In this example from Genting Bet, you can see how the total stake amount changes from £10 to £20 as soon as we mark the bet as each-way.
This happens because we are telling Genting when we mark the bet as ‘each-way’ that we want to place £10 on Sameem to win, then also £10 on Sameem to place as well (which is a £20 stake in total).
A £20 ‘each-way’ stake is a £40 bet in total. (£20 on the win, £20 on the place).
A £5 ‘each-way’ stake is a £10 bet in total. (£5 on the win, £5 on the place).
A £15 ‘each-way’ stake is a £30 bet in total. (£15 on the win, £15 on the place).
(Remember bookies always want people to bet more with them, hence why they decided on this approach! It makes more sense when you look at it from their perspective!).
3) How the odds work for the place part of the 'each-way' bet.
The odds for the place part of an ‘each-way’ bet are not the same as the odds for the ‘win’ part of the ‘each-way’ bet. (If you think about this of course they’re not otherwise the bookmakers would basically be paying you out at the odds for winning even if your horse places in 2nd or 3rd!).
If they’re not the same odds what odds are they then?
Well, where the bookmakers state the number of places they’re paying out on a race, they also tend to state the odds they’ll pay out on the place part of each-way bets too. Remember these examples from Genting earlier?
The ‘fraction’ of the odds refers to the fraction of the win odds.
For the 14:40 at Haydock if your horse places they will pay you out at ¼ of whatever the horse’s win odds are.
For the 15:00 at Epsom if your horse places they will pay you out at 1/5 of whatever the horse’s win odds are.
We don’t really need to understand how these odds are calculated for Matched Betting Extra Places (as our lovely tools and calculators literally do all the work for you 🙂 ) – so we’re not going to bother worrying about that as it’s just not necessary.
Now we know all about how to place an ‘each-way’ bet at a bookmaker, how do we go about laying off an ‘each-way’ bet at a betting exchange?
How to Lay an Each-way Bet at the Betting Exchange
To completely lay off an each-way bet we’ve placed at a bookmaker we have to do two separate lay bets at the betting exchange.
Specifically - one lay bet on the win market, and one lay bet on the place market.
After doing this you’ll end up with a betslip at the exchange that looks something like this:
This was just a quick example to show a lay bet against the horse Brazen Belle winning and a lay bet against the horse Brazen Belle placing in the top 3.
Whether we’re using Smarkets, Betfair, or another exchange we always do these two lay bets to completely lay off our each-way bet at the bookmaker.
We’re not going to talk about how you calculate your lay-stakes just yet as we’ll show you that in Part 2 of this guide on the full walk-through example. Long-story short on this though is that it’s basically all done automatically for you in the Extra Place Catcher or the Each Way Calculator –so you only really need to know how to place the necessary lay bets – which you now do! 🙂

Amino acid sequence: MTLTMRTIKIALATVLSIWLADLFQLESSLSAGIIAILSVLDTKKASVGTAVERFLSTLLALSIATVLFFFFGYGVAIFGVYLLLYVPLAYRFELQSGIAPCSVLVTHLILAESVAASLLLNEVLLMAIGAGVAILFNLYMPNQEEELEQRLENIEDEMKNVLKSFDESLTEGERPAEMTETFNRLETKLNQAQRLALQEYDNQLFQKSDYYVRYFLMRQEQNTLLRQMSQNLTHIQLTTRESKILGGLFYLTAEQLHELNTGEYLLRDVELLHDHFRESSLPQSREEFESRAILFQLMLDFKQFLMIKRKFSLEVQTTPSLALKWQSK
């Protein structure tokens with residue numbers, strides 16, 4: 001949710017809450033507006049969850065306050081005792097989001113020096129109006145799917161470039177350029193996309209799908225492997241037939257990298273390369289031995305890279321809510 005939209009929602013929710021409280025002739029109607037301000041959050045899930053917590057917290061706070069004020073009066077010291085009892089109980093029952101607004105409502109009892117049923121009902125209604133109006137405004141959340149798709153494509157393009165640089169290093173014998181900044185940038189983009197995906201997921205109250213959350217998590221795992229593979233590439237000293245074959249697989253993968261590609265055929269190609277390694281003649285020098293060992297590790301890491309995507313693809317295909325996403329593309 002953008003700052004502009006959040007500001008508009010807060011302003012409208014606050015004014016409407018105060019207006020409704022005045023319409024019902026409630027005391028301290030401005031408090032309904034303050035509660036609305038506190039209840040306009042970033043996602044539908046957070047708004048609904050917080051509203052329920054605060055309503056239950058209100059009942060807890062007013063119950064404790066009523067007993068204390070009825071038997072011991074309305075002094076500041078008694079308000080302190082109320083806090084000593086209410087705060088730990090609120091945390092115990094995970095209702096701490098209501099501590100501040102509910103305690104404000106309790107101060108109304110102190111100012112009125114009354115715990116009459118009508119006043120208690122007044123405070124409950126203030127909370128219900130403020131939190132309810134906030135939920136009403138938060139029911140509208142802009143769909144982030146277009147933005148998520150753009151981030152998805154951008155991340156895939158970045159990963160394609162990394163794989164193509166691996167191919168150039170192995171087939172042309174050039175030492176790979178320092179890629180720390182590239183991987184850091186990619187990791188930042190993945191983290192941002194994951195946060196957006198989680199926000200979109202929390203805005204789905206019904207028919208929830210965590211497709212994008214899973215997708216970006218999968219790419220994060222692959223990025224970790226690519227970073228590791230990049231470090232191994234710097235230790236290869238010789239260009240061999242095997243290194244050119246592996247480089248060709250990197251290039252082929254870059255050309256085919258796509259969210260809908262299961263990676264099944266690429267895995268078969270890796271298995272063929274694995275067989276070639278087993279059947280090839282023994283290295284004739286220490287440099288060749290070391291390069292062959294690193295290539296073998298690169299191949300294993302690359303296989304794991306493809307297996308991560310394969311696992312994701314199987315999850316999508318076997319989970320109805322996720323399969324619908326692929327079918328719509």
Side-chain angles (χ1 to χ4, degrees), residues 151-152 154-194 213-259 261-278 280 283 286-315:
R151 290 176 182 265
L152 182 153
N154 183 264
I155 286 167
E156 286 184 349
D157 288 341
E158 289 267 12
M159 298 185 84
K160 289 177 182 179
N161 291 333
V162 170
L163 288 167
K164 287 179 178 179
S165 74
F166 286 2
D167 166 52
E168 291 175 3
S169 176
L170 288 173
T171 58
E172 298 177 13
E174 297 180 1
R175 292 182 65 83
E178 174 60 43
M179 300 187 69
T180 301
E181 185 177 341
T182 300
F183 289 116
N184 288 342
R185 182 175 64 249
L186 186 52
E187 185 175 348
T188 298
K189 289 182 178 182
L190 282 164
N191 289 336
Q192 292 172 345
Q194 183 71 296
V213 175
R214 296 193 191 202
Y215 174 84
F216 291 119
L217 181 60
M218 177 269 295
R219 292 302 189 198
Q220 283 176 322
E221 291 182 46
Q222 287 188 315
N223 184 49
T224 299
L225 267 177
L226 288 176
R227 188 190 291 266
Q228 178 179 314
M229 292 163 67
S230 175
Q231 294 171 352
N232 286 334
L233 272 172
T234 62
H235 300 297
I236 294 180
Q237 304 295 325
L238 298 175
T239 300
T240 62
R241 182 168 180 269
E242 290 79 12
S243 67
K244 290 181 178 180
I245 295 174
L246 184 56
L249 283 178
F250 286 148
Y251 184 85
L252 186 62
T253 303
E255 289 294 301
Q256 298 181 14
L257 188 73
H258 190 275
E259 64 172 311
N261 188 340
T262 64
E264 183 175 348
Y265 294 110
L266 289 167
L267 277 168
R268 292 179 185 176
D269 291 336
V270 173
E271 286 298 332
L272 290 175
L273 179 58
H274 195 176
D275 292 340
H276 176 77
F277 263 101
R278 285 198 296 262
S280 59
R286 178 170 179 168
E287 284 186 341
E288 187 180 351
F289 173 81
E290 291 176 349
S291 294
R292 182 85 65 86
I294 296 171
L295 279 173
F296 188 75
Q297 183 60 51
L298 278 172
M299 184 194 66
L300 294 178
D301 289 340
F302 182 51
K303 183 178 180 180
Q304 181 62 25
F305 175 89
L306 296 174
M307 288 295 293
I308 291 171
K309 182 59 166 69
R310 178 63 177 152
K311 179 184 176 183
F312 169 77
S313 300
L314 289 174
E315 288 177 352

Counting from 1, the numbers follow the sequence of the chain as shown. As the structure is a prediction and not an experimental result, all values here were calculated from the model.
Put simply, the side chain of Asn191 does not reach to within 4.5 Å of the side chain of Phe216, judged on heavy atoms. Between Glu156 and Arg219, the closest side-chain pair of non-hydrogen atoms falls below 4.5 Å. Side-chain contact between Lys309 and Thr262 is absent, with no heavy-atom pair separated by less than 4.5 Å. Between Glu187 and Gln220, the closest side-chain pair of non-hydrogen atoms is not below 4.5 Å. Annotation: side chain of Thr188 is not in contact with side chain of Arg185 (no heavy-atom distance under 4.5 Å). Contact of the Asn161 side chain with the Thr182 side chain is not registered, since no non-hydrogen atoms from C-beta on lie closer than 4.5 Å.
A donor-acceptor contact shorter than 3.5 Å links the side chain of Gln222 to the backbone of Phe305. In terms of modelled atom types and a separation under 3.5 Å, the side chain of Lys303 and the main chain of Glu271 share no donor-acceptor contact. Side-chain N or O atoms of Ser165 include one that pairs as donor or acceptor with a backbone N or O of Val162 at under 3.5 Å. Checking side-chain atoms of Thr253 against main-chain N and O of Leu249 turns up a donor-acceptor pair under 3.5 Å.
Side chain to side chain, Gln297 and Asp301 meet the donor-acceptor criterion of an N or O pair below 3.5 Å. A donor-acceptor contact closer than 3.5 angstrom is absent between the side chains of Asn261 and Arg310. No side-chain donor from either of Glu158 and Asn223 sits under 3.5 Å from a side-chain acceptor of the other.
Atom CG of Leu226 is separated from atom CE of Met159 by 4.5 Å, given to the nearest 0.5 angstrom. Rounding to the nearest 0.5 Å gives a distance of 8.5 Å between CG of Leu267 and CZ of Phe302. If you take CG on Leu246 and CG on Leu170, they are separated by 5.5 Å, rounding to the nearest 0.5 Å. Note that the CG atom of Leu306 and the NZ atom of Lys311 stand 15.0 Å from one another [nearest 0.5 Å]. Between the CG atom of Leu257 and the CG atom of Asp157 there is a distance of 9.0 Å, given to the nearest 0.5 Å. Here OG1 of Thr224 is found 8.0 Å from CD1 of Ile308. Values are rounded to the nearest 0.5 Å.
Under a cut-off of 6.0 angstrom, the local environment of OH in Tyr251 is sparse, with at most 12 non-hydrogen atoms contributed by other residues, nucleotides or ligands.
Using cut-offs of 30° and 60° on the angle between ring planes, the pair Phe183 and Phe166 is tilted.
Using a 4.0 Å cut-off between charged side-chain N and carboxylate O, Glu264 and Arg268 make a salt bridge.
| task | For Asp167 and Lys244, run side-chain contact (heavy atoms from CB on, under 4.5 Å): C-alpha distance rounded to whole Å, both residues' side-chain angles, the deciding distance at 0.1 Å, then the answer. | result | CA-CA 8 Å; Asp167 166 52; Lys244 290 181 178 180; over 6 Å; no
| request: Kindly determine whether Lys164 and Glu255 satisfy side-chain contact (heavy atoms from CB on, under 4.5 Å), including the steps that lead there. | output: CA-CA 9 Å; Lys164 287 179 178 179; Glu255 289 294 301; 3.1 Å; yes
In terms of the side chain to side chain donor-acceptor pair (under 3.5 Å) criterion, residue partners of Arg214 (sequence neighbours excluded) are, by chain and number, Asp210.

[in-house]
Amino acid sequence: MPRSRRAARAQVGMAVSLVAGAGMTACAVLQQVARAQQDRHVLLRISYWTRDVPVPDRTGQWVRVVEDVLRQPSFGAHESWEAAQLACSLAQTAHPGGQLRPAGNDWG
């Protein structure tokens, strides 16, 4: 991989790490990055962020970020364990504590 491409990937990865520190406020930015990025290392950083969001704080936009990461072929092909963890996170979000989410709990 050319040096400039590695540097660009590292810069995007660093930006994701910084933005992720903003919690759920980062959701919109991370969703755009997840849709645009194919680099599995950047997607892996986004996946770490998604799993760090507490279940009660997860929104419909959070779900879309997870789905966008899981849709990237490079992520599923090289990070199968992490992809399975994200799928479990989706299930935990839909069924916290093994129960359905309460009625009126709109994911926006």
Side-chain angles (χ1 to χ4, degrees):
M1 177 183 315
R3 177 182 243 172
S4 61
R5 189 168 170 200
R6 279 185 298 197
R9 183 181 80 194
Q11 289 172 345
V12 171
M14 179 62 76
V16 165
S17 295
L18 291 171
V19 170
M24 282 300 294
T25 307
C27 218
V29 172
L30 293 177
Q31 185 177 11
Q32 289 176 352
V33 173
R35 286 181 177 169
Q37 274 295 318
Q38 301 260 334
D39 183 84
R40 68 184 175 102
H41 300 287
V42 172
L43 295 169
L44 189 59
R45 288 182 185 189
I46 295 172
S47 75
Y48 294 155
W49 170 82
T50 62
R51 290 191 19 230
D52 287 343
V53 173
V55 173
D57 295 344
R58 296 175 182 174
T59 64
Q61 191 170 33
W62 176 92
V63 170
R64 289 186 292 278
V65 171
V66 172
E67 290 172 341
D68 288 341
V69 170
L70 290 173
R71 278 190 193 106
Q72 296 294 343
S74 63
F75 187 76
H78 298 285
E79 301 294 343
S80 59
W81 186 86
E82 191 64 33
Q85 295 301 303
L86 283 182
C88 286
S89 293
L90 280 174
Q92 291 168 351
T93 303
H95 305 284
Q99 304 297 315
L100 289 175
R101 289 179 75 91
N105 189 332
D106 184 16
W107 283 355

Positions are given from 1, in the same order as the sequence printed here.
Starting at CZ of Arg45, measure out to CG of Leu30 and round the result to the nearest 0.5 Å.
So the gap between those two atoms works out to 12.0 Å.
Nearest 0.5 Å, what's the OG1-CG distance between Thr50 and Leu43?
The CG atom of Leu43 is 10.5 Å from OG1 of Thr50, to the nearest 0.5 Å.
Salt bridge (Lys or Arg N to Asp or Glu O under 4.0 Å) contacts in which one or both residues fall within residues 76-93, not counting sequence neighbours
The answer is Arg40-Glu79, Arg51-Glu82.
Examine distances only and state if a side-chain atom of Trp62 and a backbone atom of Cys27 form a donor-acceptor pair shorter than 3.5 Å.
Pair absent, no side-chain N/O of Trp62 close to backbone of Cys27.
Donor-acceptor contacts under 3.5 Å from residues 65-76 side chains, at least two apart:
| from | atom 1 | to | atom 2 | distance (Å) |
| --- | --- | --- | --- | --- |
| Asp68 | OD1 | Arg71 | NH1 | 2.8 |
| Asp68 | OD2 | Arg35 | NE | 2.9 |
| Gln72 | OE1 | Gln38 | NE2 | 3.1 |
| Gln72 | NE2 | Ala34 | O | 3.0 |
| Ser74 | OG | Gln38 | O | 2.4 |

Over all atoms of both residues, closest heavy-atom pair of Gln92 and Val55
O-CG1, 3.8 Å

How do we use each-way betting to profit from Extra Place Offers?
Now we’ve completely got the hang of placing each-way bets at the bookies and then laying them off at the betting exchange how do we use this knowledge to make money on Extra Place Offers?
We mentioned before that we can make a profit Matched Betting Extra Place Offers from the bookies if the horse we choose to bet on finishes the race in whatever the ‘extra place’ position is on that race.
Why is though and how does it work?
Well, it works by us exploiting the difference in the ‘place’ classification between the bookmaker and the betting exchange that arises when bookmakers offer an extra place.
Let’s consider a normal race first, where the bookmaker is classifying the place positions as 1st, 2nd and 3rd and so is the exchange. What happens when we do Matched Betting using each-way bets on such a race? (This would basically be each-way mug betting).
(For each position we basically have two winning bets in green and two losing bets in red – so that we’re completely covered).
Now let’s consider an Extra Place race, where the bookmaker is classifying the place positions as 1st, 2nd, 3rd and 4th but the exchange is still classifying the places as 1st, 2nd and 3rd. What happens when we do Matched Betting using each-way bets on such a race?
(In the 4th position – the extra place – we end up with an extra winning bet – there are 3 winning bets and only one losing bet).
If our horse comes in the extra place our profit basically comes from both the place part of our each-way bet winning at the bookie AND our place lay bet also winning at the betting exchange.
We’d recommend to take a couple of minutes to go over these tables and digest exactly what’s happening and why if our horses comes in the extra place position we win the place bet at both the bookie and exchange.
Once you’re certain you’ve clicked as to how we make a profit you’re ready to continue to Part 2 of our Matched Betting Extra Places Full Guide – the walk-through example using the Extra Place Catcher.